Bookseller Paul Ingram is jumping up and down by my side as I thumb through the new Ann Patchett novel, Run, at Prairie Lights in Iowa City, Iowa. “They come pre-signed!” he squeals, pointing to the sticker on the book's shiny, turquoise cover. I feign a smile, but I can only be happy for Paul. “Pre-signed” books mean Patchett is not coming to Iowa City, the university town where she practiced her craft at the Writer's Workshop. Instead, there's her name, scrawled along a line on her new novel's page printed specifically for the purpose, to be sent to the places she is not going on her book tour. When I saw that sticker, my heart dropped.

I am a compulsive author-reading attendee, an obsessive reader and fan. People like me are the reason publishers send authors on book tours. Writers are my celebrities. I track news of them like other people follow Angelina Jolie. I sign up for e-mail alerts to keep abreast of their book tours. And when the writers I read go on tour, I am there.

My obsession with book signings is so sincere that I plan my life around it. In fact, the three moves I have made in my life—to Munich, Germany; Washington, D.C.; and Iowa City—have all occurred because my new homes all had the reputation of being places friendly to readers, with independent bookstores, robust reading cultures and, most importantly, access to the writers whose minds and work I admire.

My collection of signed books is also a living record of my reading life, a testament of my commitment to contemporary literature. The ecstasy I feel holding a signed book is so fierce, I will break the bank to buy them.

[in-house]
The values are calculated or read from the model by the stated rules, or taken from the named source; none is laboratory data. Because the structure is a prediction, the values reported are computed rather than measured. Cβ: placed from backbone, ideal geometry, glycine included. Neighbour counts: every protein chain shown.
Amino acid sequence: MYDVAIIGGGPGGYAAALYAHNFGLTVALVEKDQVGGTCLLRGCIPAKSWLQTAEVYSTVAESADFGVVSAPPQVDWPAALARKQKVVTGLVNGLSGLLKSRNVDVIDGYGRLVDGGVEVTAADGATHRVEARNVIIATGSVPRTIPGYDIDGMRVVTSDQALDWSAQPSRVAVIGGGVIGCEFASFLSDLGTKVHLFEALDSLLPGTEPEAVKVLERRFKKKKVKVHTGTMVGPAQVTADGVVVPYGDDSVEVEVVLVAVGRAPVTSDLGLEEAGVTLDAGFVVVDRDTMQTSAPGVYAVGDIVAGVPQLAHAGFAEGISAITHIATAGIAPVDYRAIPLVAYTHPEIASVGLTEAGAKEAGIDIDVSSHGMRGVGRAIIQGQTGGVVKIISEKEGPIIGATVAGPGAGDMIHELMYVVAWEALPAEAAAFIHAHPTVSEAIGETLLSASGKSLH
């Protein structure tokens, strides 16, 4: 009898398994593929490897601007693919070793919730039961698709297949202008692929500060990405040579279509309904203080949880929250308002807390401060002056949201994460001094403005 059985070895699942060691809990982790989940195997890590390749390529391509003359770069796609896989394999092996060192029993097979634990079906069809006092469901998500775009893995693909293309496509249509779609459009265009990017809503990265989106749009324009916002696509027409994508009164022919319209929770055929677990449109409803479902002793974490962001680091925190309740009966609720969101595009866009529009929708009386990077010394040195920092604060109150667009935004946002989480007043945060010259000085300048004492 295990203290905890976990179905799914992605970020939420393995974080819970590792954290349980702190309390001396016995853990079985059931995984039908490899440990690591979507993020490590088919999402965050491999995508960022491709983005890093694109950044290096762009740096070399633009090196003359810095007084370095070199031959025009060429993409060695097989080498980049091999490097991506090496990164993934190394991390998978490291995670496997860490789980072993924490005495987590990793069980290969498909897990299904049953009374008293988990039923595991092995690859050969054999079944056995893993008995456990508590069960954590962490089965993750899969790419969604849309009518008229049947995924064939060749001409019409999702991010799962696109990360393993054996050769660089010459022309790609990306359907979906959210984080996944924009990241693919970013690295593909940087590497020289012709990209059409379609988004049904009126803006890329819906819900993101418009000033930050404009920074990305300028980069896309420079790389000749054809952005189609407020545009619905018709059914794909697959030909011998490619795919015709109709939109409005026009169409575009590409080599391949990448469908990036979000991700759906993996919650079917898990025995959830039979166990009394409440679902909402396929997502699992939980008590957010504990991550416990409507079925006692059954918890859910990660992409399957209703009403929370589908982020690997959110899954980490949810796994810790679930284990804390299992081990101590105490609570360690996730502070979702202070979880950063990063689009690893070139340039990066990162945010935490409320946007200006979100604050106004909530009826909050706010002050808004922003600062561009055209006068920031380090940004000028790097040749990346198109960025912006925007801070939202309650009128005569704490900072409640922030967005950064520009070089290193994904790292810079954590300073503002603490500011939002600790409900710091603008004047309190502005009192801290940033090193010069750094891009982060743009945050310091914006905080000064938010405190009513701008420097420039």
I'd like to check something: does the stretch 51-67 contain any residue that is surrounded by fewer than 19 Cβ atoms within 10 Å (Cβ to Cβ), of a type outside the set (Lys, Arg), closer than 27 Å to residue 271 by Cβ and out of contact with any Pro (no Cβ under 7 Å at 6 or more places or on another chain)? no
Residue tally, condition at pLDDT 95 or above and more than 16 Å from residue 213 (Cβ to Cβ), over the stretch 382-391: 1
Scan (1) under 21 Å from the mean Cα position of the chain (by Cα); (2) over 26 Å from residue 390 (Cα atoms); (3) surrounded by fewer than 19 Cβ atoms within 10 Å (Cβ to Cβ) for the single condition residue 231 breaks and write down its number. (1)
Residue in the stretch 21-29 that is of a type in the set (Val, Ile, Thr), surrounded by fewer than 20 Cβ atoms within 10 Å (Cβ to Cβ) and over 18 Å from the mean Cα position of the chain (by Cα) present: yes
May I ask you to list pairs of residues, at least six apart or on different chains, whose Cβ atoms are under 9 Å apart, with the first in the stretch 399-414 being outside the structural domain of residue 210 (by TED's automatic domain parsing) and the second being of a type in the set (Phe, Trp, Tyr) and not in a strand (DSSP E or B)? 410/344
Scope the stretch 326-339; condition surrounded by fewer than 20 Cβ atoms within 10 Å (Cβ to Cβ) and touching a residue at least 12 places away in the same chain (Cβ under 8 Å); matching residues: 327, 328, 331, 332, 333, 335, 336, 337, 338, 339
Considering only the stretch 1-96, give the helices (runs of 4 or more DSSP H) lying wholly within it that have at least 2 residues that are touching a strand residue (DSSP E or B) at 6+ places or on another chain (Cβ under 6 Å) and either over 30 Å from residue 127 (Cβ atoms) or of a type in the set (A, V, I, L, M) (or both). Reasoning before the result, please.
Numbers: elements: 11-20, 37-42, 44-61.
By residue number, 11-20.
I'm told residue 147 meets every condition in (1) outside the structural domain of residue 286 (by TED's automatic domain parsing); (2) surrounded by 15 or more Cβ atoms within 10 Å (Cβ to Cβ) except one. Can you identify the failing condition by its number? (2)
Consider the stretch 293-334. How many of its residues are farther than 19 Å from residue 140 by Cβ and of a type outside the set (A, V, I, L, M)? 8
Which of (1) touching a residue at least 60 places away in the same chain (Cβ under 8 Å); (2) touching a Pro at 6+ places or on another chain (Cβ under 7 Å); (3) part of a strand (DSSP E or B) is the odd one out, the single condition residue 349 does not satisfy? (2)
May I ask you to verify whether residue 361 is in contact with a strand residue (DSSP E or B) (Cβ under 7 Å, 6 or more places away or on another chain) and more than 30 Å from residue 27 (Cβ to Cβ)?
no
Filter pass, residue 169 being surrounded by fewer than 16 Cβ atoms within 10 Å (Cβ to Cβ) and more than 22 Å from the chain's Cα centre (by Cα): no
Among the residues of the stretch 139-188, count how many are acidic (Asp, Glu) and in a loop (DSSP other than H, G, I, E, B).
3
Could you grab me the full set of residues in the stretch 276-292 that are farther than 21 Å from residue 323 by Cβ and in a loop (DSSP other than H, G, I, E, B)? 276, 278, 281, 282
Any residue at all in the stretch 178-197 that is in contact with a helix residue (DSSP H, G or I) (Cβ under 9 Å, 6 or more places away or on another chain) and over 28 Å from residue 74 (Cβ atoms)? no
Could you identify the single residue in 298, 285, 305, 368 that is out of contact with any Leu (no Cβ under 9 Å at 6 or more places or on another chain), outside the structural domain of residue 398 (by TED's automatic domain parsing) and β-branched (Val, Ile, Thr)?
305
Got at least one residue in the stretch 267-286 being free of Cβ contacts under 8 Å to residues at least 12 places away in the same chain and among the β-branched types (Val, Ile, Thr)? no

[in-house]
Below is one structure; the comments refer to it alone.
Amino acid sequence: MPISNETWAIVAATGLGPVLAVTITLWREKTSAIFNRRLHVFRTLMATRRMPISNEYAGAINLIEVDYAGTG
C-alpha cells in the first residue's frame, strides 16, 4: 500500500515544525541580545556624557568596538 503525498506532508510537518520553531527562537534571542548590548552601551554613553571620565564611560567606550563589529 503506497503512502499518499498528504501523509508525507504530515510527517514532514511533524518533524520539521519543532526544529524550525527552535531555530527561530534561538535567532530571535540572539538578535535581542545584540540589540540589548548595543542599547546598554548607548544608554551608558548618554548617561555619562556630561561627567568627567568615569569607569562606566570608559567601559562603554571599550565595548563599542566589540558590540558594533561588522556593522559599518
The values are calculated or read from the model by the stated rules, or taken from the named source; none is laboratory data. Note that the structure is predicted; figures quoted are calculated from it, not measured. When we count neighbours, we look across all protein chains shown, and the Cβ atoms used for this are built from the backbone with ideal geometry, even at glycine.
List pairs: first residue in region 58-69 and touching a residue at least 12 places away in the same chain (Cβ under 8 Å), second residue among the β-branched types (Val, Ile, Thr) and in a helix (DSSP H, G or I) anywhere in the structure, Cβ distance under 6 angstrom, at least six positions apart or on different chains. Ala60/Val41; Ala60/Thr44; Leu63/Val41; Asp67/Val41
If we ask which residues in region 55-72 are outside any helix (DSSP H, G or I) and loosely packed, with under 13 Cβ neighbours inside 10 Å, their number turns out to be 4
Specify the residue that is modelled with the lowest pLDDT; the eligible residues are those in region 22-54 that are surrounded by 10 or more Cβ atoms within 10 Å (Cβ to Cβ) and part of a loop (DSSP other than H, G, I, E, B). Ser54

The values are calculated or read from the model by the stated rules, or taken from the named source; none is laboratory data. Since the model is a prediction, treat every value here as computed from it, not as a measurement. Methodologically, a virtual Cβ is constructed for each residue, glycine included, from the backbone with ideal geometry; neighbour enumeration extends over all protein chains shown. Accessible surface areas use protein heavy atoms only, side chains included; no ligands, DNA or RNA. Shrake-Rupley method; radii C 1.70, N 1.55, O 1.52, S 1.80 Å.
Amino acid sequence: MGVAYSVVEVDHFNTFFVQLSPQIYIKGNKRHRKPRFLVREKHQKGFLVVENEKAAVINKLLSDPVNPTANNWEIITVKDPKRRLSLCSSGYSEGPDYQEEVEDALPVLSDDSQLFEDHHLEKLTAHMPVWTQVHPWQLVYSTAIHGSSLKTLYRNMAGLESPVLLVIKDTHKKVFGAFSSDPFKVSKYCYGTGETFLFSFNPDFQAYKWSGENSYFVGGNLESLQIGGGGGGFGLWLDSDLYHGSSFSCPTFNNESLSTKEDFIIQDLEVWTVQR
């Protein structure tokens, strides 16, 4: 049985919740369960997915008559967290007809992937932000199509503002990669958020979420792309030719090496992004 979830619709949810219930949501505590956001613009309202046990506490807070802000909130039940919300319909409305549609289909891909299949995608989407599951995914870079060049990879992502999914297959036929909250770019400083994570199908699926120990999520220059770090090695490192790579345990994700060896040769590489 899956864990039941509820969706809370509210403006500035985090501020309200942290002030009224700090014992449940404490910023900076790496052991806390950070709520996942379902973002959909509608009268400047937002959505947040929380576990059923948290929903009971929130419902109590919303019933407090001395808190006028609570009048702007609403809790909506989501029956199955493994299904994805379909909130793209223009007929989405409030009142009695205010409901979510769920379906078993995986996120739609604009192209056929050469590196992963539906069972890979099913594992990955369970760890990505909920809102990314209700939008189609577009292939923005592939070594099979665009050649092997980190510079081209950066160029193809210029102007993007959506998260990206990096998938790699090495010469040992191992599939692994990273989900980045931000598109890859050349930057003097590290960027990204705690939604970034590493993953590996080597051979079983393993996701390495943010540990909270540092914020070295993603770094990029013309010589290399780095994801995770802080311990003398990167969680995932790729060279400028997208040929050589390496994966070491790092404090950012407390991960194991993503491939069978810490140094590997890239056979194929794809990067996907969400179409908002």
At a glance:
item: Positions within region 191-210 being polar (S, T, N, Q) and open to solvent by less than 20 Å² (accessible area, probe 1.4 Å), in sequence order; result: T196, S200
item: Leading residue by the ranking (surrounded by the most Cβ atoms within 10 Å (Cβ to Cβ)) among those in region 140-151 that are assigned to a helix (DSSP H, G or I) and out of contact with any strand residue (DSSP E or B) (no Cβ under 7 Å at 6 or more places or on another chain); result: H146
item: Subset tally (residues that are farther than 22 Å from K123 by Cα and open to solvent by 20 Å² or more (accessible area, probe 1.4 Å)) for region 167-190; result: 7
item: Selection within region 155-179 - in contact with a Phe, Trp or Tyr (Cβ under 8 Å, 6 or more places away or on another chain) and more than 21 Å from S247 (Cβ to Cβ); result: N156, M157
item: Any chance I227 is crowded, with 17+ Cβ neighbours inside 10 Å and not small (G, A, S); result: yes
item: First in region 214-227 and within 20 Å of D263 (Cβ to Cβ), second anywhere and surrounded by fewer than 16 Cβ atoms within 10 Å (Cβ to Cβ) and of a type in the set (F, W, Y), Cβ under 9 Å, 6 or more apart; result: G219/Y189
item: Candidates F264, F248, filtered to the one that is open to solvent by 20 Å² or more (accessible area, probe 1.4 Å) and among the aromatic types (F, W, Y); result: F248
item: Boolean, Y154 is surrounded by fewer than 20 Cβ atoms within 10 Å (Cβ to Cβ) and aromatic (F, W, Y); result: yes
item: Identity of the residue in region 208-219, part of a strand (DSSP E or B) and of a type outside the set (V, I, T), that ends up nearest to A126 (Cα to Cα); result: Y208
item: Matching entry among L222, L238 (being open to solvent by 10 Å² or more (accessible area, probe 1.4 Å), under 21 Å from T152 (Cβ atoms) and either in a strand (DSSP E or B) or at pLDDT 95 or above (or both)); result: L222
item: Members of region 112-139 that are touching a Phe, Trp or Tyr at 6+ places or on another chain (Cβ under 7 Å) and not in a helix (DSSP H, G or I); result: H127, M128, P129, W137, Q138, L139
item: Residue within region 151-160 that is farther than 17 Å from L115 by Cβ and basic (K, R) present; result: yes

When I was living in Germany in my early 20s, I often found myself with a few euros to my name and a choice: a signed book or breakfast. I once bought a Günter Grass novel, Crabwalk, instead of paying my phone bill. Another time, I took an unpaid internship at a place that held readings to get in free to author events. Living in D.C., I overdrew my checking account to buy a first edition of Stacey D'Erasmo's A Seahorse Year at Olsson's on Dupont Circle.

Perhaps the worst part of my signed book compulsion is that I always embarrass myself when I meet the author. I try to think of something witty to say, but when it's my turn, all I can do is genuflect before the masters or just stand there stammering. Truly nothing ever comes of these meetings in the way of a personal connection—except for one flirty exchange I had with Jonathan Safran Foer at Politics and Prose in D.C.

JSF: “Wow, I really like your sweater.”

Me, in a tight green sweater: “Gee, thanks. I really love your books!”

Of course, not all writers like going on book tours, or interacting with me, the public. Most would rather be writing. As Richard Powers told me at a reading, signed books suggest a connection between the writer and the reader that just doesn't exist. (Then he handed me a signed postcard.)

Still, I didn't let Powers get me down. Instead, I continued to shell out my meager disposable income on hardbacks. And I got competitive, hoping to impress my favorite writers with the commitment of my readership. At a T.C. Boyle reading, I lined up smugly with four of his most recent novels, all hardback, of course. Turns out the fellow behind me had schlepped along a library of Boyle's books the height of a six-year-old.

Iowa City has introduced me to Michael Chabon, Junot Díaz, Zadie Smith and many other authors. Most evenings, so many writers come through town that I can hardly find time to see them all. Still, as I run my finger over the ink where Ann Patchett signed her name, I think back to the good times we've had together—the Bel Canto, all that Truth and Beauty—and am struck by two impulses. The first: to remind HarperCollins that there is little to do in the Midwest other than read. And the second: I hope this isn't a trend.

Author Information
Emily Grosvenor is a journalist, translator and former Fulbright scholar who has written for the Des Moines Register, the Washington City Paper and Poets & Writers magazine.